Migrant workers given just two hours to leave Qatar to make way for Fifa fans - report

Qatar has allegedly evicted thousands of migrant workers to empty apartment blocks where they were staying in the centre of capital Doha, apparently to make way for soccer fans arriving for the Fifa World Cup.

In one residential block in Doha’s Al Mansoura district, some 1,200 foreign workers were given just two hours of notice to vacate the apartments on Wednesday, workers told Reuters.

Municipal officials returned in the night at around 10.30pm local time and forced the people out, locking the doors. Those who were not able to return on time were not able to collect their belongings.

It comes as Qatar, which is hosting a global soccer tournament slated to commence from 20 November, has drawn intense international attention over its treatment of foreign workers and restrictive social laws.

Workers said more than a dozen buildings have been evacuated and locked down by authorities, leaving hundreds of Asian and African workers to scramble for shelter.

Some resorted to bedding down on the pavement outside one of their former homes, according to the report.

According to a similar AFP report, some 12 buildings were evacuated late Wednesday ahead of the 20 November tournament.

A Qatari government official denied to Reuters that the evictions were related to the World Cup and were designed “in line with ongoing comprehensive and long-term plans to re-organise areas of Doha”.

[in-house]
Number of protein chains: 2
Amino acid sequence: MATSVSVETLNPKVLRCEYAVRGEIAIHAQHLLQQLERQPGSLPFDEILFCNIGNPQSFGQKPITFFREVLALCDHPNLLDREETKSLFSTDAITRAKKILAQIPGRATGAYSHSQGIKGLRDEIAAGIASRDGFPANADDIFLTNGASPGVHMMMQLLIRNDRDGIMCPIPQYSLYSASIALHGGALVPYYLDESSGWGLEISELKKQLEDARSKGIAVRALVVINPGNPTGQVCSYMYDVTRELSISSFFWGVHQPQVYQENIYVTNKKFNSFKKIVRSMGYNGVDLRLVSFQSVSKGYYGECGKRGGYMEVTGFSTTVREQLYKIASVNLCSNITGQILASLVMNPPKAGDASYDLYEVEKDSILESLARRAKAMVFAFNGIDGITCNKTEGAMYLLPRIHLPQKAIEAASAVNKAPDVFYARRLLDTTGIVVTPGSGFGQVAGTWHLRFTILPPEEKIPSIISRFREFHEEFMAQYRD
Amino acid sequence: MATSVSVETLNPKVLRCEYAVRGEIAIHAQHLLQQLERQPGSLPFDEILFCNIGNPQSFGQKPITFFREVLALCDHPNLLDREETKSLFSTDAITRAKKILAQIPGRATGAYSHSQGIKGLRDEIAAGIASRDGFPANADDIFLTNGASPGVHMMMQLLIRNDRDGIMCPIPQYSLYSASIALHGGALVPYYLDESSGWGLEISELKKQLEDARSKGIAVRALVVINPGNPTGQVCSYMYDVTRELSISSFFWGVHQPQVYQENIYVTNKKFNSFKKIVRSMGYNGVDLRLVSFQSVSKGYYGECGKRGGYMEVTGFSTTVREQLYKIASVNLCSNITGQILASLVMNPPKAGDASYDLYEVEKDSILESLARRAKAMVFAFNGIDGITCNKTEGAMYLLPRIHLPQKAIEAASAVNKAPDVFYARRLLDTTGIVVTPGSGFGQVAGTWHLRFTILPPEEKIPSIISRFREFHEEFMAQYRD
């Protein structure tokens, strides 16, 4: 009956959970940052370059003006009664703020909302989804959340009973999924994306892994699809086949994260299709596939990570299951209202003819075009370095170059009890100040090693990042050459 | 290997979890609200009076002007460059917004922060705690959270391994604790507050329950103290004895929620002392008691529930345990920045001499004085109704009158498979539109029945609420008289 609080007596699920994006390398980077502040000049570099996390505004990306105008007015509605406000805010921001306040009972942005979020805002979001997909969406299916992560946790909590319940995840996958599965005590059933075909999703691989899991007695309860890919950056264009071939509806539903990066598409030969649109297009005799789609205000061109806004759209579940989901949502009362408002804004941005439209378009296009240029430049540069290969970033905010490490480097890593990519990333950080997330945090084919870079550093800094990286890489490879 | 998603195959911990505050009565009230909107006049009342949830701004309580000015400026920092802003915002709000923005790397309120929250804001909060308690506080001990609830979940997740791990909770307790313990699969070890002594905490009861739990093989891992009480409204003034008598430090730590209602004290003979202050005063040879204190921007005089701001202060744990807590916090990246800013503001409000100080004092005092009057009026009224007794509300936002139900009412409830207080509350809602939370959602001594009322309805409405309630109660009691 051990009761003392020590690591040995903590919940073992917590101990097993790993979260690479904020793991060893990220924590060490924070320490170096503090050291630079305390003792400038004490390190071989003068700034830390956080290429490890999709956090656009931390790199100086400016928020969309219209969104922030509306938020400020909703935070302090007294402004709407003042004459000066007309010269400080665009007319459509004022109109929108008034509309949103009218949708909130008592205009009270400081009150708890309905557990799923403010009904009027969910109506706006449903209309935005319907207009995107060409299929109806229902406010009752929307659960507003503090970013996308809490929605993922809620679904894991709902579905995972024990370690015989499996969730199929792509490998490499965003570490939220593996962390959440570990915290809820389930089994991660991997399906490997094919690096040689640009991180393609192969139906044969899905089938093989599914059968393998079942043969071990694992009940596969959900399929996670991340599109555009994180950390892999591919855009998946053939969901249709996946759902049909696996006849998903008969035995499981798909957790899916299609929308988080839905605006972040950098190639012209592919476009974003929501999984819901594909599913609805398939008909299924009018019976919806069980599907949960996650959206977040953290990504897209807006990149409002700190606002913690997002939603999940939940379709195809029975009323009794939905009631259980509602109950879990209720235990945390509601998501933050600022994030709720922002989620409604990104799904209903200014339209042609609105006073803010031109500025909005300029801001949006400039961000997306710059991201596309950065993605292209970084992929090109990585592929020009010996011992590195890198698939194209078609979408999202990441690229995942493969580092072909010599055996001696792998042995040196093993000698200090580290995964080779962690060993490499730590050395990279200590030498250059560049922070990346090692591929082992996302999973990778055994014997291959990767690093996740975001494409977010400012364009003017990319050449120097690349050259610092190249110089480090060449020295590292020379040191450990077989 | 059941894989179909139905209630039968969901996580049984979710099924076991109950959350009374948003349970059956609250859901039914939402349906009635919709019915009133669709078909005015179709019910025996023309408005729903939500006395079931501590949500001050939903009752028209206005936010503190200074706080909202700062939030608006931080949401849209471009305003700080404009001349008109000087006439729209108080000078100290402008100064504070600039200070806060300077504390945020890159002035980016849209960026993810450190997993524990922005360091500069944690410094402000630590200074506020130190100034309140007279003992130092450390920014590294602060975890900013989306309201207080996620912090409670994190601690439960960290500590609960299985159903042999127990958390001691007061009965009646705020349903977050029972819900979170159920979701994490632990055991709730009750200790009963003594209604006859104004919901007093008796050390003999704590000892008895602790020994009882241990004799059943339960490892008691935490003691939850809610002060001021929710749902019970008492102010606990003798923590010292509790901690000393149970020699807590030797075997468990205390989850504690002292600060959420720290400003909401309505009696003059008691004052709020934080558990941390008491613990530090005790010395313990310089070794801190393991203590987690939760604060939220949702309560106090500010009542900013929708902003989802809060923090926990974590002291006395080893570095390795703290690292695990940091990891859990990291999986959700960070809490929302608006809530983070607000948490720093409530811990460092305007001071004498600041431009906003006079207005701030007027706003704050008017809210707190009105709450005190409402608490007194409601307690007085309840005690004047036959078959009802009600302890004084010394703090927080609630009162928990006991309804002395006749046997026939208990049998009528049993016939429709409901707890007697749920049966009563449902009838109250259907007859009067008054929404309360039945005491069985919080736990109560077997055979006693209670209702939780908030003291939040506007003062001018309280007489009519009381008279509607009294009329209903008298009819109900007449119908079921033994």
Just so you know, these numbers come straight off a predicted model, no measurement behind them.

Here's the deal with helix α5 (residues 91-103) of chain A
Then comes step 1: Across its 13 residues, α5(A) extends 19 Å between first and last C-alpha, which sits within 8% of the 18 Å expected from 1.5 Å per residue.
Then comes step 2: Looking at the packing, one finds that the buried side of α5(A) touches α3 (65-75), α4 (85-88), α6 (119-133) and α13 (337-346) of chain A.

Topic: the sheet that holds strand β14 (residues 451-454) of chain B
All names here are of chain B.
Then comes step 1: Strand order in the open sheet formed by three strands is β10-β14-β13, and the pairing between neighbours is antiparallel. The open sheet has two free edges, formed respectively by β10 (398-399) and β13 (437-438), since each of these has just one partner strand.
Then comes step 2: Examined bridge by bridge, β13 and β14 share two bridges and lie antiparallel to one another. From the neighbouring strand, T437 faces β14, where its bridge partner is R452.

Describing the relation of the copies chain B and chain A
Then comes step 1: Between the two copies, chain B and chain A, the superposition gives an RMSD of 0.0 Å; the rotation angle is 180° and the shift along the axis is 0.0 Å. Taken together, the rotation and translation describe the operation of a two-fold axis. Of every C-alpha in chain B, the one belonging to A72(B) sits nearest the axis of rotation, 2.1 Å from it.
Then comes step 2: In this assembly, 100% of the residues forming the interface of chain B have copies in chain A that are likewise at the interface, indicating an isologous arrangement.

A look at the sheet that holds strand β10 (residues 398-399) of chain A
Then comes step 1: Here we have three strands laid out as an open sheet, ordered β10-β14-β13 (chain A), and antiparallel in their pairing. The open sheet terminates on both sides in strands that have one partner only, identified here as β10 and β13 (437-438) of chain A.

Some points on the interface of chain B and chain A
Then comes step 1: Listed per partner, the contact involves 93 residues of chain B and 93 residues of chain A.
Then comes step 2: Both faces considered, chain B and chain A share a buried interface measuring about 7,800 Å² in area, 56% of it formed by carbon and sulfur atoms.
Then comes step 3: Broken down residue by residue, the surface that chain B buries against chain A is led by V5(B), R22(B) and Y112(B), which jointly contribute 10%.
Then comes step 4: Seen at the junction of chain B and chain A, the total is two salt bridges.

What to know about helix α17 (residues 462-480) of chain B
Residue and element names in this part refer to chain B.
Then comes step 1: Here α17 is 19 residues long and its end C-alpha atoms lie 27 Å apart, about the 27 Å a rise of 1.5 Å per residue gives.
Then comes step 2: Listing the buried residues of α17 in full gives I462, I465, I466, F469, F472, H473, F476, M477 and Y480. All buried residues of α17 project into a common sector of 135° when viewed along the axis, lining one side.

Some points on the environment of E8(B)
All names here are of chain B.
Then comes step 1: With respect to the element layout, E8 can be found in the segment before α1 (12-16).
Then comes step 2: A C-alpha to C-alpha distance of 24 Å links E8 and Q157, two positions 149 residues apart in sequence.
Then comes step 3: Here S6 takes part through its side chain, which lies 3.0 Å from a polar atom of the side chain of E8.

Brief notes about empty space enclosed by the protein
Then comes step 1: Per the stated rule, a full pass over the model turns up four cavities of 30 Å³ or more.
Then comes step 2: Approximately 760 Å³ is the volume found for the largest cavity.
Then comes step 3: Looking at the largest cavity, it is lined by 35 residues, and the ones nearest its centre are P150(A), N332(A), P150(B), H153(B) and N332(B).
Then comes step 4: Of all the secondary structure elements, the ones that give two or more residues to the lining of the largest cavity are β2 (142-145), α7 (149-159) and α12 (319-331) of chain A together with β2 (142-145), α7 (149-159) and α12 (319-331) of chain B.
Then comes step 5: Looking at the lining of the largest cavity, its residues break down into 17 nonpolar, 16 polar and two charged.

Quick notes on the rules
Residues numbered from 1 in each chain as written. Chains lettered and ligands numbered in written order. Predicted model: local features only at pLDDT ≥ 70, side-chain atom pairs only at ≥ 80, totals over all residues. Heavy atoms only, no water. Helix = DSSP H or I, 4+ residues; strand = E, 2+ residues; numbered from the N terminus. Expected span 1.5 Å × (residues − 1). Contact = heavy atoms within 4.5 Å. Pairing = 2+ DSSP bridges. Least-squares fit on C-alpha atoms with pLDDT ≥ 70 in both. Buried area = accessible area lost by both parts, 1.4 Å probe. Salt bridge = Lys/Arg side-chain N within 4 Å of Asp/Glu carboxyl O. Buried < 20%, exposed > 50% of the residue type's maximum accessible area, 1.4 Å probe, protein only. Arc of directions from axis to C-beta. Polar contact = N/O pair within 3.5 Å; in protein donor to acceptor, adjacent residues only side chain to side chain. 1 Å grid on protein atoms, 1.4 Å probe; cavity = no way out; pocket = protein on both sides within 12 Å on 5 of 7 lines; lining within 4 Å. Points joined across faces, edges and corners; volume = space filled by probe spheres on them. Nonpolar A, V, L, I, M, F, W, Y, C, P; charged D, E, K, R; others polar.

“All have since been rehoused in safe and appropriate accommodation,” the official said, adding that requests to vacate “would have been conducted with proper notice”.

The Independent has requested Fifa for a comment.

Immigrant workers from India, India, Pakistan, Bangladesh, Nepal, the Philippines, and African nations, including Kenya and Uganda, make up 85 per cent of Qatar’s 2.8 million population.

Many of those evicted work as drivers, day labourers and other contractual jobs with companies which do not take responsibility for their housing - unlike some major construction firms.

Mohammed, a driver from Bangladesh who gave just one name, said he has been living in one neighbourhood for 14 years until Wednesday, when he was given 48 hours to leave the villa he shared with 38 other people.

He accused the authorities of pushing away the people who helped build the infrastructure for Qatar to host the World Cup.

“Who made the stadiums? Who made the roads? Who made everything? Bengalis, Pakistanis. People like us. Now they are making us all go outside.”

Most people were evicted in neighbourhoods which have been rented by the government to house World Cup fans. According to the organisers’ website listing, flats have been advertised for between $240 and $426 per night in neighbourhoods such as Al Mansoura.

Calls for a boycott of the World Cup have been growing in French cities in recent days as human rights groups have repeatedly raised concerns about the ill-treatment of migrant workers in Qatar, claiming many have also died there since 2010 when it won the right to host the event.

In a 2021 report, Human Rights Watch said hundreds of thousands of migrants are facing “punitive and illegal wage deductions”, and faced “months of unpaid wages for long hours of gruelling work”.

In February 2021, the Guardian said that some 6,500 workers from India, Pakistan and other south Asian countries died in Qatar since 2010.